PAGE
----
Wednesday, 12 November 2008

Morgan Stanley plans broad job cuts

Morgan Stanley plans to cut 10 percent of staff in its institutional securities unit and 9 percent in asset management, it said on
Wednesday, as it copes with a deteriorating economy, disrupted capital markets and falling asset values.

The cuts are in addition to roughly 4,800 jobs eliminated since the middle of 2007 by what was once Wall Street's second-largest investment bank.

It was not immediately clear how many employees will be affected by the latest cuts, or over what time period. A spokeswoman declined to comment. Morgan Stanley employed 46,383 people as of August 31, according to its website.

New York-based Morgan Stanley announced its cuts less than two months after converting into a bank holding company in the wake of Lehman Brothers Holdings Inc's (LEHMQ.PK: Quote, Profile, Research, Stock Buzz) bankruptcy.

The change requires it to lower leverage, potentially cutting profitability. The bank has slashed its asset base to below $800 billion from $987 billion at the end of August.

"We're in a period of tremendous dislocation," Co-President James Gorman said at a Merrill Lynch financial services conference. "We're very mindful of the environment that we live in at the moment, and we will continue to rationalize headcount and costs accordingly."

Goldman Sachs Group Inc (GS.N: Quote, Profile, Research, Stock Buzz), Morgan Stanley's main rival, also became a bank holding company in September. It set plans last month set plans to reduce 10 percent of its staff, or nearly 3,300 jobs.

In late morning trading, Morgan Stanley shares fell 80 cents, or 5.7 percent, to $13.28 on the New York Stock Exchange. They began the year at $53.11.


Gorman said the bank holding company structure will allow Morgan Stanley to tap a wider array of funding sources.

He said the company plans to bulk up in retail banking, including through "targeted" acquisitions, and preserve or expand operations in capital raising, cash trading, commodities, corporate credit, equity derivatives, foreign exchange, mergers and acquisitions and rates.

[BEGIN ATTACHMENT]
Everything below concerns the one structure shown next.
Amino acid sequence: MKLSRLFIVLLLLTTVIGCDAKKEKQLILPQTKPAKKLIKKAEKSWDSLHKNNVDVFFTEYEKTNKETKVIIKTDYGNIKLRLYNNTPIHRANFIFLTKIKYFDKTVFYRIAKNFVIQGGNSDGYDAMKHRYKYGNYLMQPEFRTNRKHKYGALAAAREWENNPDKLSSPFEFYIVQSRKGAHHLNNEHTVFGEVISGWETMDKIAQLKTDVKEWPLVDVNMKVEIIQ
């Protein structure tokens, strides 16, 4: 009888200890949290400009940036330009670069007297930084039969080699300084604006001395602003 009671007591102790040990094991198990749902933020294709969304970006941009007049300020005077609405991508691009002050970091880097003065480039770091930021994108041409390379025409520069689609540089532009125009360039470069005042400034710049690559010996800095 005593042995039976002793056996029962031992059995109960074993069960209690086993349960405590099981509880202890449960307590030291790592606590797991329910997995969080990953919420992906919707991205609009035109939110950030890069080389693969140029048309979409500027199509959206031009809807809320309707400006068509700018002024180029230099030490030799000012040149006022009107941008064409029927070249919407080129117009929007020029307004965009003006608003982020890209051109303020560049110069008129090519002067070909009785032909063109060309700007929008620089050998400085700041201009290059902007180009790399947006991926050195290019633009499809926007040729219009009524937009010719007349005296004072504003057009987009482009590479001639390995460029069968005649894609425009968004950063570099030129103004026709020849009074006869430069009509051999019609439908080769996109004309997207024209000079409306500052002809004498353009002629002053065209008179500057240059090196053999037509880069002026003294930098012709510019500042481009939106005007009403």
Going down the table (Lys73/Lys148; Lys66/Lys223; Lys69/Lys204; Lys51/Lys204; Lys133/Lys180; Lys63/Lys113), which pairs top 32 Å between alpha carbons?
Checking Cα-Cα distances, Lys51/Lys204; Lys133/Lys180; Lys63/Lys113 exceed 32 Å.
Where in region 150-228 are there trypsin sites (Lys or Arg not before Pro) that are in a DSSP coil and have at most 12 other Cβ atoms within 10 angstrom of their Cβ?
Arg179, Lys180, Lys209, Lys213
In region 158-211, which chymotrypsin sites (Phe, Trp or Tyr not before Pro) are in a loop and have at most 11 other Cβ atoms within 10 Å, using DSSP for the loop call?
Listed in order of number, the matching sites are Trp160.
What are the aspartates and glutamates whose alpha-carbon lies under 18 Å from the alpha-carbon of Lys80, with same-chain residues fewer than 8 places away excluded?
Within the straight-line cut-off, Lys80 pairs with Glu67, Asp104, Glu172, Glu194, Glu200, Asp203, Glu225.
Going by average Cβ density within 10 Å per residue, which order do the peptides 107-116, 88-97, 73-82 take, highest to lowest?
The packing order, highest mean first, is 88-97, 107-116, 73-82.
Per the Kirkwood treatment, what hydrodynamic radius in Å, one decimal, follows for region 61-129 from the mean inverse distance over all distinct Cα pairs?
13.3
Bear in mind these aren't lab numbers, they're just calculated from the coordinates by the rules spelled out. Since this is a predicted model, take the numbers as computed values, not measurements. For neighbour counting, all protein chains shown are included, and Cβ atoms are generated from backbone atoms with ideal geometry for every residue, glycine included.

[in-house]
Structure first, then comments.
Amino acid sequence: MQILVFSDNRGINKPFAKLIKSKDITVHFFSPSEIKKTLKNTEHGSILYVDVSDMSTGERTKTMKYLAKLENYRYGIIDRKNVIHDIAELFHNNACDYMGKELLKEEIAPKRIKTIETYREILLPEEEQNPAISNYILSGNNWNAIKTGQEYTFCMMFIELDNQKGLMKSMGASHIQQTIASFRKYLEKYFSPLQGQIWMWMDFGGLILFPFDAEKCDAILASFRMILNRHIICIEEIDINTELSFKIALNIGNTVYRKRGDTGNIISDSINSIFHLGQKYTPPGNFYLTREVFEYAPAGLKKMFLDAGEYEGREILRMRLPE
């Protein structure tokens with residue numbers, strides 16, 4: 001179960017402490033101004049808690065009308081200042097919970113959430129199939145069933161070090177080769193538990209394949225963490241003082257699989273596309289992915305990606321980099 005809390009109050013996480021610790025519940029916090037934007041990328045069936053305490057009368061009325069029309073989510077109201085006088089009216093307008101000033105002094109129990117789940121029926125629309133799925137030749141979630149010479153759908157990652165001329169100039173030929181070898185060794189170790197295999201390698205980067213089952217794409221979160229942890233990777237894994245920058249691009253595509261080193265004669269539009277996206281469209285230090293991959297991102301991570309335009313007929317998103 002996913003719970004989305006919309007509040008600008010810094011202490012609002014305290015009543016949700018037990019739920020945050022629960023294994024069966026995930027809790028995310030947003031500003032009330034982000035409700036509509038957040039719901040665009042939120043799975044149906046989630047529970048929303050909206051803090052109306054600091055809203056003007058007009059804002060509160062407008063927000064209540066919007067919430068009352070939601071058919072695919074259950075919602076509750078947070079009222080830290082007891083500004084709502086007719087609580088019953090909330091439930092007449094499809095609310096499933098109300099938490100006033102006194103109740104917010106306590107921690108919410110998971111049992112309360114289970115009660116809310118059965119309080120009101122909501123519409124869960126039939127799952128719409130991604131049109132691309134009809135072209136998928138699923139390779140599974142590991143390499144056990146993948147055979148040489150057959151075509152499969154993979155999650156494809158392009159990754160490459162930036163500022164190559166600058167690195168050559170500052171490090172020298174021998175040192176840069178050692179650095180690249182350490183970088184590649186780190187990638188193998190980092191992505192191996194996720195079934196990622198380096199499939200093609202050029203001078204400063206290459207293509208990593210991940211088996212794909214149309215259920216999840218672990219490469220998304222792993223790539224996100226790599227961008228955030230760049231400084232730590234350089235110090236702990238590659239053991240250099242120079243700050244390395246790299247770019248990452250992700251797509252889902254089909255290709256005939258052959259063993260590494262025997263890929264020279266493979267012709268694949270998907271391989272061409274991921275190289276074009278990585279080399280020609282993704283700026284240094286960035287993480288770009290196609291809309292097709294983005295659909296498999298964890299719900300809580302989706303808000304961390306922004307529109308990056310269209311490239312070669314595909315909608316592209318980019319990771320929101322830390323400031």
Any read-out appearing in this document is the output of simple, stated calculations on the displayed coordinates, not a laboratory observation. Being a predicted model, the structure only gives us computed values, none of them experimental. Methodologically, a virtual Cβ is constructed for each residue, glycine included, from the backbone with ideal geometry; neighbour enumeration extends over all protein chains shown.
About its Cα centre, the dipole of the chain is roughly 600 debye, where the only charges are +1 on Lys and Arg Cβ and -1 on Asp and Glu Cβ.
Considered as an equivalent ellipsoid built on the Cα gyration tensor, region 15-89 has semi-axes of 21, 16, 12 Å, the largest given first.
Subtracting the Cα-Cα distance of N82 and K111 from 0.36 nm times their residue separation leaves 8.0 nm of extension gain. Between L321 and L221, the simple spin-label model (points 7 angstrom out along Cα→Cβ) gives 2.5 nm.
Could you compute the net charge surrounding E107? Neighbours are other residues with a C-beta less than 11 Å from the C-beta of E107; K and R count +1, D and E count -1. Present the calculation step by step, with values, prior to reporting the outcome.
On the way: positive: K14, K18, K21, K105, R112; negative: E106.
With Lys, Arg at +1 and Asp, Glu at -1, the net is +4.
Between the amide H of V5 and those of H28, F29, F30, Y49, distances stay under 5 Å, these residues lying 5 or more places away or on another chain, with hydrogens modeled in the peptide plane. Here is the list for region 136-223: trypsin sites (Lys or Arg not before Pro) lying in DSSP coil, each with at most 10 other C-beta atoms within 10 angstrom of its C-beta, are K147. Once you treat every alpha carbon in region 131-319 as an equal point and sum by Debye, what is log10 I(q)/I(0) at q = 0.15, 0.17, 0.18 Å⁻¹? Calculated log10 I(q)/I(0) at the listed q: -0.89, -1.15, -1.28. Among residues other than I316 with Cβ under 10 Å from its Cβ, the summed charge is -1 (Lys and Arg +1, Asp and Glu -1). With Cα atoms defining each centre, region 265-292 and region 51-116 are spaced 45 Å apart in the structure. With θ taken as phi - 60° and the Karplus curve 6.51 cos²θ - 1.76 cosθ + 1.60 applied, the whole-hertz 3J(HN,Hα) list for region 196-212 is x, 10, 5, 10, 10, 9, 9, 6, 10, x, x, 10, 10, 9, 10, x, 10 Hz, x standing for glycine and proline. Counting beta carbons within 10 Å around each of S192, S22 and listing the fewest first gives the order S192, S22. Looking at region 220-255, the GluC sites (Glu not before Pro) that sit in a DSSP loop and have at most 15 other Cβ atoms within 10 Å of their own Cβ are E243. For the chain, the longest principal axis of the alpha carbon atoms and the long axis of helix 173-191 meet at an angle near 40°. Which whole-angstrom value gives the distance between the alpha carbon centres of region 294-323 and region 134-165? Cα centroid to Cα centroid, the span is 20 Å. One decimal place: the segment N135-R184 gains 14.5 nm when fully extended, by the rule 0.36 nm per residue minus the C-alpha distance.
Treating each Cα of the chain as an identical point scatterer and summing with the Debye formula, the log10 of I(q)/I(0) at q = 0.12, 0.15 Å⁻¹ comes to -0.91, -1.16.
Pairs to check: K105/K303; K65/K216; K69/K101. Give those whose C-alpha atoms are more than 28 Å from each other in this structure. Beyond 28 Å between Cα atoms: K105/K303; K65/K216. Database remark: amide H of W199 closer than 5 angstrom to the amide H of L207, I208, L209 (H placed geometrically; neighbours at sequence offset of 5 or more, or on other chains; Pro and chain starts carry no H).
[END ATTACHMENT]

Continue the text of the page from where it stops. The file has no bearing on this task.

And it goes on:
On the other hand, he said Morgan Stanley plans to "reshape" operations in prime brokerage, proprietary trading, principal investments and commercial real estate origination,

In October, Morgan Stanley raised $9 billion from Japan's Mitsubishi UFJ Financial Group Inc (8306.T: Quote, Profile, Research, Stock Buzz), and received $10 billion from the U.S. government's bank bailout plan.

Chief Financial Officer Colm Kelleher said the infusions leaves Morgan Stanley "well-capitalized, with excess capital."

Yet he said the company still faces "incredibly dislocated markets," including "gridlock" in efforts to sell or dispose of troubled assets. "I'm not sure who is buying it," he said.

He also said Morgan Stanley aims to fund half its assets with equity, long-term debt and deposits, up from 26 percent at the end of August.

Many other companies are also seeking more stable funding, and credit card issuer American Express Co (AXP.N: Quote, Profile, Research, Stock Buzz) this week also became a bank holding company.

"There are no quick fixes," Kelleher said. "There is no magic bullet that will suddenly solve the deposit question for institutions that are moving over from wholesale funding."

Source: EconomicTimes

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